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American Literature in Context after 1929

Author: Philip R. Yannella

Publisher: John Wiley & Sons

ISBN: 9781444390438

Category: Literary Criticism

Page: 168

View: 5057

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This book situates American literature from the Great Depression to the present day in its historical context Explores the issues that engaged American writers from 1929 to the present Draws on a range of documents from magazine and newspaper accounts to government reports and important non-fiction The book covers political ferment of the 1930s; post-World War II anti-Communism; post-War affluence; suburbanization and demographic change; juvenile delinquency, mental illness and the perception of the U.S. as a “sick” society; and post-1965 immigration Designed to be compatible with the major anthologies of literature from the period Equips students and general readers with the necessary historical context needed to understand the writings from this period and provides original and useful readings that demonstrate how context contributes to meaning Includes a historical timeline, featuring key literary works, American presidents, and historical events
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Writing Indian Nations

Native Intellectuals and the Politics of Historiography, 1827-1863

Author: Maureen Konkle

Publisher: Univ of North Carolina Press

ISBN: 0807875902

Category: Social Science

Page: 384

View: 3343

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In the early years of the republic, the United States government negotiated with Indian nations because it could not afford protracted wars politically, militarily, or economically. Maureen Konkle argues that by depending on treaties, which rest on the equal standing of all signatories, Europeans in North America institutionalized a paradox: the very documents through which they sought to dispossess Native peoples in fact conceded Native autonomy. As the United States used coerced treaties to remove Native peoples from their lands, a group of Cherokee, Pequot, Ojibwe, Tuscarora, and Seneca writers spoke out. With history, polemic, and personal narrative these writers countered widespread misrepresentations about Native peoples' supposedly primitive nature, their inherent inability to form governments, and their impending disappearance. Furthermore, they contended that arguments about racial difference merely justified oppression and dispossession; deriding these arguments as willful attempts to evade the true meanings and implications of the treaties, the writers insisted on recognition of Native peoples' political autonomy and human equality. Konkle demonstrates that these struggles over the meaning of U.S.-Native treaties in the early nineteenth century led to the emergence of the first substantial body of Native writing in English and, as she shows, the effects of the struggle over the political status of Native peoples remain embedded in contemporary scholarship.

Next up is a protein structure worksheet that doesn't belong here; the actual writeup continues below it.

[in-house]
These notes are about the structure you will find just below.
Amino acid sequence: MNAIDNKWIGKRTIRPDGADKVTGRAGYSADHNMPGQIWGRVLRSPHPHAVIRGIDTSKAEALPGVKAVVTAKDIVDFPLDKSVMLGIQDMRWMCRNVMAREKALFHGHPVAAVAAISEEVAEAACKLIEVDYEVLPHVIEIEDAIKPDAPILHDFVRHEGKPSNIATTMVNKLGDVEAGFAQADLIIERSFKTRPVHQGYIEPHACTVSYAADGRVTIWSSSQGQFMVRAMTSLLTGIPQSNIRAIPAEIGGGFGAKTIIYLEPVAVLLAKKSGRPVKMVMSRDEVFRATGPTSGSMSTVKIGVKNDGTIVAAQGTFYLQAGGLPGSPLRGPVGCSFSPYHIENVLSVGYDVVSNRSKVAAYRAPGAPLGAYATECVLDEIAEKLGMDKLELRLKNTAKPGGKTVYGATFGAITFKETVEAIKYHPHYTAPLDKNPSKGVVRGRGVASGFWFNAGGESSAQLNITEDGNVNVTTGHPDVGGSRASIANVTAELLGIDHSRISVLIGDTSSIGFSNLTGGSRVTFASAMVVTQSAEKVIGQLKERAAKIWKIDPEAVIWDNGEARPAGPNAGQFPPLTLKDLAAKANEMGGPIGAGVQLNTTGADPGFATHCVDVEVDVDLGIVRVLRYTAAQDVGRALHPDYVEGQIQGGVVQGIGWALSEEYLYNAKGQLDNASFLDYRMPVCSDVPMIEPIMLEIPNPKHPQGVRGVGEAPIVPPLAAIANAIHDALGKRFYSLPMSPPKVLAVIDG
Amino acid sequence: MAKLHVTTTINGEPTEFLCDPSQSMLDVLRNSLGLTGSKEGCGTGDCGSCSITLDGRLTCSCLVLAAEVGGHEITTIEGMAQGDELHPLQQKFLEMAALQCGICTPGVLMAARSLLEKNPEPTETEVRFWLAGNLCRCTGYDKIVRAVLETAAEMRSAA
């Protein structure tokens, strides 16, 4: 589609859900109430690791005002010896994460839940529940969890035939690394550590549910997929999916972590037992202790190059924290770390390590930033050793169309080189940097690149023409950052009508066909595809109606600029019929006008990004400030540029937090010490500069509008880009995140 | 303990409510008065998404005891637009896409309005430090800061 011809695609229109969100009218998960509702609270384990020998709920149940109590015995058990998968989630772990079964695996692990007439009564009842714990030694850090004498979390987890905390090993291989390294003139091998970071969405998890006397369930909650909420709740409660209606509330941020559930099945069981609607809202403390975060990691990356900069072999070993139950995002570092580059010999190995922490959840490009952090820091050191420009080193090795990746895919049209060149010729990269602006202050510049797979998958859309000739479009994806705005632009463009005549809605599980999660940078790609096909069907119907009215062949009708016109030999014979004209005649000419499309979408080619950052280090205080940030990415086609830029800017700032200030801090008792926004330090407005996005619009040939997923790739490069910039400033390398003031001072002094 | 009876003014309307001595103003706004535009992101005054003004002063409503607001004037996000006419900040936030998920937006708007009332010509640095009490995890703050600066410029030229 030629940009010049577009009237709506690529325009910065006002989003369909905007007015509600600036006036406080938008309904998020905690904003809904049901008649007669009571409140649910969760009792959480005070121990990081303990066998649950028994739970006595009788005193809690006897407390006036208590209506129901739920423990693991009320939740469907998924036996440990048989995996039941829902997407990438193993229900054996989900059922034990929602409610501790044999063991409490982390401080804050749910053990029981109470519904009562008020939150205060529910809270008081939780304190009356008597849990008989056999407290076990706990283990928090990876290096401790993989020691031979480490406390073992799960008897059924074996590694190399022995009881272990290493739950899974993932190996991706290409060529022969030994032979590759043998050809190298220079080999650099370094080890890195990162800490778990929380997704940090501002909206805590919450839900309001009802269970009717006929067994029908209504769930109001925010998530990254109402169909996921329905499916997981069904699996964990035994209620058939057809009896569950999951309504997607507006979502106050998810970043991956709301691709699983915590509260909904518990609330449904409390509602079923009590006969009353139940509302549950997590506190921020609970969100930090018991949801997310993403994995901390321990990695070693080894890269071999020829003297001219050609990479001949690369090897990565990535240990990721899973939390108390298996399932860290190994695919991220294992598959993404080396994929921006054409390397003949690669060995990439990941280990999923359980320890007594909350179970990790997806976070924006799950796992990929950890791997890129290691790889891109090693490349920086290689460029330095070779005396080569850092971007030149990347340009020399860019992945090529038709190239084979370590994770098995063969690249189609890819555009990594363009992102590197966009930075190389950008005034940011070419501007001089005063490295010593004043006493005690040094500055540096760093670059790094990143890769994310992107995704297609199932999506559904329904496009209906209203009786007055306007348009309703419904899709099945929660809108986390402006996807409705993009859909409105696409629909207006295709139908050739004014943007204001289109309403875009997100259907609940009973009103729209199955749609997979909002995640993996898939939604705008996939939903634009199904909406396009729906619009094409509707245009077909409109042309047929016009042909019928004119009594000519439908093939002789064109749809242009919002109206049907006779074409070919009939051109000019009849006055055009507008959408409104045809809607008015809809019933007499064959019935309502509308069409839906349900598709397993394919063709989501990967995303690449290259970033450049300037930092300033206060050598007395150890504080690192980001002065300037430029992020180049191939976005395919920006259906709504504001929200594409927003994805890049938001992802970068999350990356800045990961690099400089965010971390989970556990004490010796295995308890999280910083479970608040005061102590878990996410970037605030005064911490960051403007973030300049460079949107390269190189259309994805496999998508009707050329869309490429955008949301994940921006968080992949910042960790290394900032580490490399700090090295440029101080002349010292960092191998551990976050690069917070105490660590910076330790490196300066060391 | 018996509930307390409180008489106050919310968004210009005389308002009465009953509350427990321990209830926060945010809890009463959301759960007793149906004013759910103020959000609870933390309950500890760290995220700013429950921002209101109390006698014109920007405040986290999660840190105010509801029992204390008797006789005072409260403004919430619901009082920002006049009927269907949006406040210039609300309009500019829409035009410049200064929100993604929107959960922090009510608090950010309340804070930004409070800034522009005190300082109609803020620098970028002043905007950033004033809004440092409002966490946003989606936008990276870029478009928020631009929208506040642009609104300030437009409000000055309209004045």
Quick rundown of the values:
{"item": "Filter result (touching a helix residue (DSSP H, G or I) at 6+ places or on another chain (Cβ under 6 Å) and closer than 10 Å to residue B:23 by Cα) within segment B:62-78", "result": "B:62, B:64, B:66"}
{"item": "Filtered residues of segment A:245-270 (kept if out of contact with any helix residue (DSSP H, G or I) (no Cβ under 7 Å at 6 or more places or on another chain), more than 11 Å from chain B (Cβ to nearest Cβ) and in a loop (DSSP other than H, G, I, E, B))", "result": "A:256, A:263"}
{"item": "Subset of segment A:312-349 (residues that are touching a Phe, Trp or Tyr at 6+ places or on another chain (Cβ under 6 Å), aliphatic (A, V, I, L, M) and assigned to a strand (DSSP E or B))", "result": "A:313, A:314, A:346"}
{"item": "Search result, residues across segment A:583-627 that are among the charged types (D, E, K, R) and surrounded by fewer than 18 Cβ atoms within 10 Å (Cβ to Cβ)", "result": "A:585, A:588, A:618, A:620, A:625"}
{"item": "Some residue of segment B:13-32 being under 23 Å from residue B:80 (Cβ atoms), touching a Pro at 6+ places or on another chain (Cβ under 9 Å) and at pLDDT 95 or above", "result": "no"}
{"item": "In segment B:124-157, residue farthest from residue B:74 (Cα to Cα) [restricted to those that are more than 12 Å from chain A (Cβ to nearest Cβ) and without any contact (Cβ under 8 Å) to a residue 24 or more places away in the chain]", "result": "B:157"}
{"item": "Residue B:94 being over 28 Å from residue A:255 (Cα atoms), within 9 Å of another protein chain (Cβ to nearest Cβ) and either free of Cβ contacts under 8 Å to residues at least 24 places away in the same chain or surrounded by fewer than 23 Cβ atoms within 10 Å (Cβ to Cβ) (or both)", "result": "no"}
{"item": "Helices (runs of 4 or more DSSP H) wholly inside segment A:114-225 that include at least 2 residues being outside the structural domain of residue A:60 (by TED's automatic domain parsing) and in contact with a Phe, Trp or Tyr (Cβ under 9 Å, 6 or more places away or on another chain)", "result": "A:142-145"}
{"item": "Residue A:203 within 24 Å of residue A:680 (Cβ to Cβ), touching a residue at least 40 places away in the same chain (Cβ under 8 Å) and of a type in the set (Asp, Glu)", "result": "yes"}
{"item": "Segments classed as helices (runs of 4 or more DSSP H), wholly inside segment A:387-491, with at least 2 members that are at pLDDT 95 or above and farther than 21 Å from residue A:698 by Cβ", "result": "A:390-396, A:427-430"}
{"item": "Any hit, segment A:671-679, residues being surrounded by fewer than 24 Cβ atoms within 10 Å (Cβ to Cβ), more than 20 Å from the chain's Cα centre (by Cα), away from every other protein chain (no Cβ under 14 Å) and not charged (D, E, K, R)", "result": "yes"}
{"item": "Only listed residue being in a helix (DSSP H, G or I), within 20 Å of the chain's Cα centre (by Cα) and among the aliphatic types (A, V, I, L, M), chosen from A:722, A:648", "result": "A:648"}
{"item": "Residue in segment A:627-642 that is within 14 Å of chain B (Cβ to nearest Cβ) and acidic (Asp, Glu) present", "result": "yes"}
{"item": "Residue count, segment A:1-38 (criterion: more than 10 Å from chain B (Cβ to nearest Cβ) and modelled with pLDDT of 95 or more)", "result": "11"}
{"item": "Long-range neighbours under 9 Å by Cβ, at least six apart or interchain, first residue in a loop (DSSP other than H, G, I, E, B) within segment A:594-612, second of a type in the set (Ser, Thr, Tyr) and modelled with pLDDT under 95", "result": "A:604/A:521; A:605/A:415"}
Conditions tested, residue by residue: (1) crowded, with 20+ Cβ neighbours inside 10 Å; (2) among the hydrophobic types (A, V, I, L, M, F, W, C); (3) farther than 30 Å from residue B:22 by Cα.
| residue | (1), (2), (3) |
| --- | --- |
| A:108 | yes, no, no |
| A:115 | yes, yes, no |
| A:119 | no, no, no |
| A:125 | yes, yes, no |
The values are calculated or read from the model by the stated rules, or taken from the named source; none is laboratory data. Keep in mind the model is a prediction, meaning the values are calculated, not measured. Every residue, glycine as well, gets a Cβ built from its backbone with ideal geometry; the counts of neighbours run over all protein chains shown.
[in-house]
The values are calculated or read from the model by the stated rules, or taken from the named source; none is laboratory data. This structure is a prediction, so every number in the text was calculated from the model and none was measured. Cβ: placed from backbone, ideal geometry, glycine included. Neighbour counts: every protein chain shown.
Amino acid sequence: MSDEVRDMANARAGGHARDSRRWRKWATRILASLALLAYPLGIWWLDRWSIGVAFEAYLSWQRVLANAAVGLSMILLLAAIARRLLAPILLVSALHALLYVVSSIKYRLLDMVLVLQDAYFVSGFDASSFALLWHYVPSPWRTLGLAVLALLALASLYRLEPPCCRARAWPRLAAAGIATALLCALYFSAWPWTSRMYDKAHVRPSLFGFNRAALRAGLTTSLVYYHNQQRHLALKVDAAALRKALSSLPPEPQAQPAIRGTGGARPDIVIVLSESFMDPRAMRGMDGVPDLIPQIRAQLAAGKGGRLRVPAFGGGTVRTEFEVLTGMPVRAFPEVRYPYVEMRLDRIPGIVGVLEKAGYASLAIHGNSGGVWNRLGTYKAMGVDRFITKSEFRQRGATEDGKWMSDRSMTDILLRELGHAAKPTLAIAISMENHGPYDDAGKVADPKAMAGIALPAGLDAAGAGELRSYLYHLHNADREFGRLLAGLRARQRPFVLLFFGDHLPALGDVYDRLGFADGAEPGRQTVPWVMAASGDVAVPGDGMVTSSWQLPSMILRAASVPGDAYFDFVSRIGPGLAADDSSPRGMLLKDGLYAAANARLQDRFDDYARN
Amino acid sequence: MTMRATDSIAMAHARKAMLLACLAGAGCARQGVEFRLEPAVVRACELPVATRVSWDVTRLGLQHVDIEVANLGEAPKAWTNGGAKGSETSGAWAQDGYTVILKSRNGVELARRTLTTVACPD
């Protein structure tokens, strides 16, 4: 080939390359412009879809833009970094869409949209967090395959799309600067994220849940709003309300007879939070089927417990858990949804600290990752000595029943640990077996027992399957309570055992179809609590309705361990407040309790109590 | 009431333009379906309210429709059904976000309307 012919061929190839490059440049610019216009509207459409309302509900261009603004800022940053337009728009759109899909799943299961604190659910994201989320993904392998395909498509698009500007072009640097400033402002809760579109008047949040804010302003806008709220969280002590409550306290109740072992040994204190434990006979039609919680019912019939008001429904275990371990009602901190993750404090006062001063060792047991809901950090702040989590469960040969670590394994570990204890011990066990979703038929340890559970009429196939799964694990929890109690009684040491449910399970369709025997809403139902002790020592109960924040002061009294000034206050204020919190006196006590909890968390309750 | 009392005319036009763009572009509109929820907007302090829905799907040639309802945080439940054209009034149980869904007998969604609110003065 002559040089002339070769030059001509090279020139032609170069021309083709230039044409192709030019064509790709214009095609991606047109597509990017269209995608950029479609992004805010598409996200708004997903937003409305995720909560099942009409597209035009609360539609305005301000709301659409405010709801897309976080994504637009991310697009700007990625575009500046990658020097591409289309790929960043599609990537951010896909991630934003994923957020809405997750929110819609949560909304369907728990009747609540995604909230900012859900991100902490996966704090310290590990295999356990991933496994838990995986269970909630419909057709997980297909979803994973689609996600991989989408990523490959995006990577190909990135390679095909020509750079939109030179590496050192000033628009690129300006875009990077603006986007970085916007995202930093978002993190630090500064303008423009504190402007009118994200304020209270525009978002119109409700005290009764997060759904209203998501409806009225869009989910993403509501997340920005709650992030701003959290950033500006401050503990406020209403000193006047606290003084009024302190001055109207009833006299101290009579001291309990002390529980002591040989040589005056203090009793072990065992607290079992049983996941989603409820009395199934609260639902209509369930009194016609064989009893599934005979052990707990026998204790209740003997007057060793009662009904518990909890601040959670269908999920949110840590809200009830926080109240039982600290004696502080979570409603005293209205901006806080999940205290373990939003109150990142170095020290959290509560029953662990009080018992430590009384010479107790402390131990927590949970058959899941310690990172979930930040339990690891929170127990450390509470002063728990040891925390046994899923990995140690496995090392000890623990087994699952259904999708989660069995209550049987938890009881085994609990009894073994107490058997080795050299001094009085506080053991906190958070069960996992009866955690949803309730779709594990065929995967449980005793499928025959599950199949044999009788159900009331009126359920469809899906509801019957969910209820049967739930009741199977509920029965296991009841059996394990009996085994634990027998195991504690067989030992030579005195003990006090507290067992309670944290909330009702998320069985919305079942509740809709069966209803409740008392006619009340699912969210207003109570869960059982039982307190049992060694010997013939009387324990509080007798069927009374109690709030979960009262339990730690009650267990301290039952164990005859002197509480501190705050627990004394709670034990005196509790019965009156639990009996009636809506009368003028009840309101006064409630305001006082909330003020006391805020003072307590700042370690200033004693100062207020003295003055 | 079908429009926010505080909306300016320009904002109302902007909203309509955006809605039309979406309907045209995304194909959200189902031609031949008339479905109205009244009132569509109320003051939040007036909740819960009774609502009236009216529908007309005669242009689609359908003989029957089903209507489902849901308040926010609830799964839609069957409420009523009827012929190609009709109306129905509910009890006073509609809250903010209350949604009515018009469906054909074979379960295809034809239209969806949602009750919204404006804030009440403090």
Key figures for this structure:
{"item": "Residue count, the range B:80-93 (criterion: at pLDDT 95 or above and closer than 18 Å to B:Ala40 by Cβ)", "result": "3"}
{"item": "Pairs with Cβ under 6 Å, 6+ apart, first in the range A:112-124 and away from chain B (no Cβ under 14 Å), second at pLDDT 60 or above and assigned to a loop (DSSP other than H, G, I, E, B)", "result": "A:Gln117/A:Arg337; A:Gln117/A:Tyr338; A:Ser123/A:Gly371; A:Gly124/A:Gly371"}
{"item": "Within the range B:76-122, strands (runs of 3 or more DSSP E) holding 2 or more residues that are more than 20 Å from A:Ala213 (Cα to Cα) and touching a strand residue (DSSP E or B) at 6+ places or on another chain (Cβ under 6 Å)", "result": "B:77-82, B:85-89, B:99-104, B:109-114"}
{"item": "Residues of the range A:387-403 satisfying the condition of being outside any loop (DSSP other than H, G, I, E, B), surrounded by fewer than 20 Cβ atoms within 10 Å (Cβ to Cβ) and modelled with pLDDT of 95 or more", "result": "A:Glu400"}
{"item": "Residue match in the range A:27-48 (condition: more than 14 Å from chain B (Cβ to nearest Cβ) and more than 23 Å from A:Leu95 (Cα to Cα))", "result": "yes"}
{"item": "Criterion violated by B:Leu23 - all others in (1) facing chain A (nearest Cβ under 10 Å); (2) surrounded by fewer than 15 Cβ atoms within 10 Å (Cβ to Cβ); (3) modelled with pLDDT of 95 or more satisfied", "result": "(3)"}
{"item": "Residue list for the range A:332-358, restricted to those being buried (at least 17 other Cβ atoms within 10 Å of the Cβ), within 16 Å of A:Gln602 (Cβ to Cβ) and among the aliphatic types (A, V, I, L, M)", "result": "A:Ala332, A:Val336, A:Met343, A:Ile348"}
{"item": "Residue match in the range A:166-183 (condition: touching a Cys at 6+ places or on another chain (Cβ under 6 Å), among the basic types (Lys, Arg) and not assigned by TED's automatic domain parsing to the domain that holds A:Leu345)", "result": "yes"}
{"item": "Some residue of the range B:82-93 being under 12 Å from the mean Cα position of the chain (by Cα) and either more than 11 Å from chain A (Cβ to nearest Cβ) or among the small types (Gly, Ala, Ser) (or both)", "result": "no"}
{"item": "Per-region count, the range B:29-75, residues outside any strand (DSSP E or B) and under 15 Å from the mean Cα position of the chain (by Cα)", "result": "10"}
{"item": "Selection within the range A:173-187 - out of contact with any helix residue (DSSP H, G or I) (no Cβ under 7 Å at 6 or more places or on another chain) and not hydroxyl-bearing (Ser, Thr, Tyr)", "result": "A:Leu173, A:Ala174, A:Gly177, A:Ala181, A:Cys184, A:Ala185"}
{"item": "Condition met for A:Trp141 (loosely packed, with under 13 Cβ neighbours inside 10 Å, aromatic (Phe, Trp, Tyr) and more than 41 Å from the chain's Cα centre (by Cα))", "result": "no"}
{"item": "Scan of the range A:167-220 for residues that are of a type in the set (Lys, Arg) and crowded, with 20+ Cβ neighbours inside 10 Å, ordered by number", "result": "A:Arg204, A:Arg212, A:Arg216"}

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Rural Life and Culture in the Upper Cumberland

Author: Michael E. Birdwell,W. Calvin Dickinson

Publisher: University Press of Kentucky

ISBN: 0813137357

Category: History

Page: 384

View: 4452

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Tennessee History Book Award Finalist The Upper Cumberland region of Kentucky and Tennessee, often regarded as isolated and out of pace with the rest of the country, has a far richer history and culture than has been documented. The contributors to Rural Life and Culture in the Upper Cumberland discuss an extensive array of subjects, including popular music, movies, architecture, folklore, religion, and literature. Seventeen original essays by prominent scholars such as Lynwood Montell, Charles Wolfe, Allison Ensor, and Jeannette Keith uncover fascinating stories and personalities as they explore topics including wartime hero Alvin C. York, Socialist Party Tennessee gubernatorial candidate Kate Brockford Stockton, and even a thriving nudist colony, the Timberline Lodge.